Microsoft finally turns out a real touch app -- is Windows next?

Word, Excel, and PowerPoint for iPad show an understanding of touch computing that -- if we're lucky -- may spill over to the next version of Windows

If you haven't yet downloaded Word, Excel, and PowerPoint for the iPad, take a few minutes right now, grab your iPad, run to the App Store, and play with them. (To get full edit capability, you'll need an Office 365 account -- but even without Office 365, you'll be able to see what Microsoft's up to.) After the dreck of Windows 8 and the pin-the-tail-on-the-donkey layout of the touch version of Office 2013, the three Office for iPad apps tell me that, after years of waiting, Microsoft finally understands how to build a touch-centric interface.

No, it's not perfect. Yes, there are plenty of missing functions. No, you can't crop pictures. Yes, it locks you in to OneDrive at the hips and ankles. But if you look beyond the idiosyncracies and the lack of integration (Dropbox, anybody? Printing? AirPlay?), the overwhelming impression -- shout it from the rooftops, hallelujah: Microsoft finally knows how to build a touch interface. (Check out InfoWorld's first-look review of Office for iPad.)

Lance Ulanoff, writing for Mashable, explains how it happened. It's a familiar story. Han-Yi Shaw, Microsoft's Office Design Studio chief, figured that Microsoft "didn't really understand Apple's platform or how to develop Office for it." Bingo. Microsoft gave Shaw 200 developers and an infinite amount of time, and they came up with a product that may well foretell the redemption of Windows as we know it.

Yes, it's that impressive.

We didn't get a warmed-over port of the iPhone apps. We didn't get 10 pounds of ribbons stuffed into a 5-pound bag -- the hallmark of touch Office 2013. Instead, we got a completely fresh rethinking of all three apps, truly useful touches like the Excel-specific numeric keyboard and chart previews with live data, with enough visual cues to make it relatively easy for click-and-type Word curmudgeons (like me) to pick up the gist almost immediately. Office for iPad doesn't cover all the bases, but it covers the chosen subset with style.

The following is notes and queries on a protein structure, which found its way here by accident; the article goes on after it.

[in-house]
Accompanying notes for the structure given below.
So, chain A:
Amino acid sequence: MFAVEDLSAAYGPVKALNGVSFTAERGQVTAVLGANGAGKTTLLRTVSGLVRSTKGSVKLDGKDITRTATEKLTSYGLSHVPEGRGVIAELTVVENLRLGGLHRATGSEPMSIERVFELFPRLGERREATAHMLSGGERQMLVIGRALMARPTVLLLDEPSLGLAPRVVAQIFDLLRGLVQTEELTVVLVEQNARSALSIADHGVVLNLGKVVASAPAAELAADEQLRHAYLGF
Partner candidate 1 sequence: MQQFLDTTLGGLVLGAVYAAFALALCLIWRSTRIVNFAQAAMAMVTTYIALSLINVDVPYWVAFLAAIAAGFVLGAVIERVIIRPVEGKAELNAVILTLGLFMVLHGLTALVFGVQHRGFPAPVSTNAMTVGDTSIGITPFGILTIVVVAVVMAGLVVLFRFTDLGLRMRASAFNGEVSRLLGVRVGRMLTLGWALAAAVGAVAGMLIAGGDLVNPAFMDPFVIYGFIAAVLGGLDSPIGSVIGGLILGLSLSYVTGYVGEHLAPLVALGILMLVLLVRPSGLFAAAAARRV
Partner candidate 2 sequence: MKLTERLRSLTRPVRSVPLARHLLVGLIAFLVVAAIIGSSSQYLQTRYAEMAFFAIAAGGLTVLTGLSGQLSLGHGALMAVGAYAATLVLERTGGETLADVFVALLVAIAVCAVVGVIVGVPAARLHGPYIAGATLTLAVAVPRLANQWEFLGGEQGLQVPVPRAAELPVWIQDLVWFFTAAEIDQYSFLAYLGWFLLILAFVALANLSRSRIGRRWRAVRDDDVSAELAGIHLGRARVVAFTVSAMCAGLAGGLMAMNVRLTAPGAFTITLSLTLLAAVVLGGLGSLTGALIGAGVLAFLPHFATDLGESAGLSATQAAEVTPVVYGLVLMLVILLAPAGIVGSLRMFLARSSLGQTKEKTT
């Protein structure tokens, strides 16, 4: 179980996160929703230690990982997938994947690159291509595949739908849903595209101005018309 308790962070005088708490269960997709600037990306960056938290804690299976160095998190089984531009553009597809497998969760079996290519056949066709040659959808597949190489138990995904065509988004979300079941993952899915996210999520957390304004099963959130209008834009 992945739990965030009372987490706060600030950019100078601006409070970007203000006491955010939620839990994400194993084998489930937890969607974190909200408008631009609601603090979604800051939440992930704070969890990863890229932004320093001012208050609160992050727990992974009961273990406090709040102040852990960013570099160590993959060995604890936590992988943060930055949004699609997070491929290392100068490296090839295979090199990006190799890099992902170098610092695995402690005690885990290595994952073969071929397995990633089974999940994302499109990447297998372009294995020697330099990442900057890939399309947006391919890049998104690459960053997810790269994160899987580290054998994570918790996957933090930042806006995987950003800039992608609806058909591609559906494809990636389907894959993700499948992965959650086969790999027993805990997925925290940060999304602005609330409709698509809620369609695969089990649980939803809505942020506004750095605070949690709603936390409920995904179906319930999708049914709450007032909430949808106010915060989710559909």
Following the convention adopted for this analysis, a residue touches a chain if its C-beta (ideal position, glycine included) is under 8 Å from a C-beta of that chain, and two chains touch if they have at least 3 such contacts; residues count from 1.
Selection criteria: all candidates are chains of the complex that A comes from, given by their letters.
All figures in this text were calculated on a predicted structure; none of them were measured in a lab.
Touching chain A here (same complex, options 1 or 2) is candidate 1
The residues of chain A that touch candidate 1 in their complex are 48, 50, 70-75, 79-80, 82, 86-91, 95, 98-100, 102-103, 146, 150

Why can't Microsoft do the same thing for Windows?

Granted, Office for iPad has a long uphill road: Convincing people to pay every year for Office 365 won't be easy in the face of competing free or nearly free alternatives. The lock-in to OneDrive will be a turn-off to many. Office's decades of unquestioned dominance is fading as people learn they can do without, and the "anything but Microsoft" crowd continues to jeer. Still, for anyone who's tied into the Office file formats for whatever reason, Office for iPad has much to recommend.

It's entirely possible -- I would say probable -- that Terry Myerson, Microsoft's executive VP of Operating Systems, has a parallel group working on pulling Windows out of the fire that Office fell into. The trick, as many people have said, is to have the new touch Windows designed by one person with a very clear vision and a ton of know-how. If Microsoft could give us mouse-centric dinosaurs a desktop with a few key improvements, and some incentive -- carrots, mind you, not sticks -- to try a well-designed touch alternative, the results could be fabulous.

If Office for the iPad is any indication, that just might happen.

This story, "Microsoft finally turns out a real touch app -- is Windows next?," was originally published at Get the first word on what the important tech news really means with the InfoWorld Tech Watch blog. For the latest developments in business technology news, follow on Twitter.

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